The first thing Emma could have done was to stop and take a moment to reflect. Why did she want to say anything? What was her real motivation? I have an over-developed sense of responsibility. More than once people have told me about someone else’s misdemeanour and before I’ve blinked, I’ve taken on board the responsibility to sort it out. I remember an employee reporting a colleague’s behaviour. With hindsight, I can see the behaviour might have been a little irritating but not really problematic and the hiccups around her performance were just that, hiccups. But instantly I felt like I had been handed something I had to fix. I acted and had a word. Probably feeling hurt and alienated, the person in question quickly started looking for another job. Not the outcome I wanted. A better plan would have been to stop and reflect. Why had the employee raised the behaviour in the first place? What was their motivation? What was driving my need to act? What did I believe the real issue was, or even if there was one? What was my goal? Even just a few minutes answering these questions would have achieved a very different approach and probably a better result. And imagine how important it is to get it right if the discussion is about concerns over someone’s mental wellbeing.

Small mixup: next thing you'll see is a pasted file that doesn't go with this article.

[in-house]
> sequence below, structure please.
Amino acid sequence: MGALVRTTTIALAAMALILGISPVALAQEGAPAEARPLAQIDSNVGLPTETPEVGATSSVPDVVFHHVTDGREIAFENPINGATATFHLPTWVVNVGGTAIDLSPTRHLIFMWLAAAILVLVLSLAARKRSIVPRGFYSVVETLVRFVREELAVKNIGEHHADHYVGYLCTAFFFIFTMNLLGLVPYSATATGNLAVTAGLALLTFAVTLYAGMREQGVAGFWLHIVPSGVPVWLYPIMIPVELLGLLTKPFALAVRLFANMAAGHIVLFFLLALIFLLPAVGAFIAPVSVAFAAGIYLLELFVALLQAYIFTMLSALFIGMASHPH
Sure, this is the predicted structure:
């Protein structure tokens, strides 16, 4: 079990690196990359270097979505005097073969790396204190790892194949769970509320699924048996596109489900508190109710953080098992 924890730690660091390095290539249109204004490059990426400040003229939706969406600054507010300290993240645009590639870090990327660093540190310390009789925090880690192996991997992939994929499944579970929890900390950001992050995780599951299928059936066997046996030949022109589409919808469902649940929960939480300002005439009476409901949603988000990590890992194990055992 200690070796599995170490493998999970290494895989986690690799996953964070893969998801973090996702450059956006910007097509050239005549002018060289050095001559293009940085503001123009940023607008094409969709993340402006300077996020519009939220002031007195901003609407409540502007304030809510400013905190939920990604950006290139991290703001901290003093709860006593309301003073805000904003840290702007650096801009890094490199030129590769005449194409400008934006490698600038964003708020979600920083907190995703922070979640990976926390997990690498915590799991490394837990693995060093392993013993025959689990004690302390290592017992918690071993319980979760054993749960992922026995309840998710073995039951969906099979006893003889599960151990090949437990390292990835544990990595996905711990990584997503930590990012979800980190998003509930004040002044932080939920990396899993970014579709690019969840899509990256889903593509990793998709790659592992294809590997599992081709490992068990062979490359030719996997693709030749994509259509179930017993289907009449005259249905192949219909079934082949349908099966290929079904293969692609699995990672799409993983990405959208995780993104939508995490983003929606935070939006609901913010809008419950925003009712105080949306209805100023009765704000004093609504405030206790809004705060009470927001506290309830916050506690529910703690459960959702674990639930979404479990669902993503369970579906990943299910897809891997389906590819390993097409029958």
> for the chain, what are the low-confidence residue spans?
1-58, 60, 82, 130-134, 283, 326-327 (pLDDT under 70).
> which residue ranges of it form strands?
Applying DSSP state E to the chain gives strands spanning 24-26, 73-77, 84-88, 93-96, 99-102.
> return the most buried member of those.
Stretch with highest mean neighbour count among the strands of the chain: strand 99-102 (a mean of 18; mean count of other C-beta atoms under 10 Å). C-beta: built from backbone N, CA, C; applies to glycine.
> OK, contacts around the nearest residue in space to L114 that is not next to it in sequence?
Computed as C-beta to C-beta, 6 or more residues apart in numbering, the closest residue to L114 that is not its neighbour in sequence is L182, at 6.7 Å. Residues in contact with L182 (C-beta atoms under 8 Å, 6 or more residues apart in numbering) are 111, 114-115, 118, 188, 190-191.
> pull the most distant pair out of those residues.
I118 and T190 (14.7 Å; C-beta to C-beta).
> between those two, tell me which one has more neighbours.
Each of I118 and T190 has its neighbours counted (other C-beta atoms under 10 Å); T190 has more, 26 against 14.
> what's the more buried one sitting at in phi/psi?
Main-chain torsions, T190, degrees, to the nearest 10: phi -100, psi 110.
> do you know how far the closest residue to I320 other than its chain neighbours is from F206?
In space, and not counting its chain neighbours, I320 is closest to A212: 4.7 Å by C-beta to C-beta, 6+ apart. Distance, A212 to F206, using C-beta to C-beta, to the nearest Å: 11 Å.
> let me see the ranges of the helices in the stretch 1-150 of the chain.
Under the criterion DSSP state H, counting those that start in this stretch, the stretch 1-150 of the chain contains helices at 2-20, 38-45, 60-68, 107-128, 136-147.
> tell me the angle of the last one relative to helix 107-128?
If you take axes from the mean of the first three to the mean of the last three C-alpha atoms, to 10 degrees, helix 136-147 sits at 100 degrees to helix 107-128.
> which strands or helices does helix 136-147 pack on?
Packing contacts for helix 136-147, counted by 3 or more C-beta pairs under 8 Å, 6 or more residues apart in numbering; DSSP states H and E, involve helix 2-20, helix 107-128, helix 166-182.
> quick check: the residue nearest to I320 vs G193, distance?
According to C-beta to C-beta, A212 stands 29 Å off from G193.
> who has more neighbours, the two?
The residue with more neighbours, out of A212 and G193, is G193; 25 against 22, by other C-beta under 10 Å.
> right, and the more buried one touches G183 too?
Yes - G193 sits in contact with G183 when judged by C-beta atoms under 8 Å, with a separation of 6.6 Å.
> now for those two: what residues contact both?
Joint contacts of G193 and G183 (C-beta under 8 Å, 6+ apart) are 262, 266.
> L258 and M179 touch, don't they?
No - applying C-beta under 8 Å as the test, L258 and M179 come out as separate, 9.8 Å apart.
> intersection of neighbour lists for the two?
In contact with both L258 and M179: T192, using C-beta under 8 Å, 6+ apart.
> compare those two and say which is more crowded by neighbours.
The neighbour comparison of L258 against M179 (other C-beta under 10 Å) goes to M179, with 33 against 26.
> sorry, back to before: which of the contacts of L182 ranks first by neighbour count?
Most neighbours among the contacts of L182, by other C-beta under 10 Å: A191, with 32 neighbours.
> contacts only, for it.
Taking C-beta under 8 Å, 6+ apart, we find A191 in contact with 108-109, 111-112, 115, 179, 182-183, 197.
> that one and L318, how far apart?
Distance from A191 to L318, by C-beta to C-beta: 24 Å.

Next, Emma visited at a moment that suited her and started the conversation straightaway. She wanted to talk to her brother alone, but Alice was home too. Feeling blind-sided the couple instantly went on the defensive. “There’s nothing you can say to me that Alice can’t hear too.” The conversation has barely started and already the barriers are up on both sides. How much better to slow down and wait for the right moment.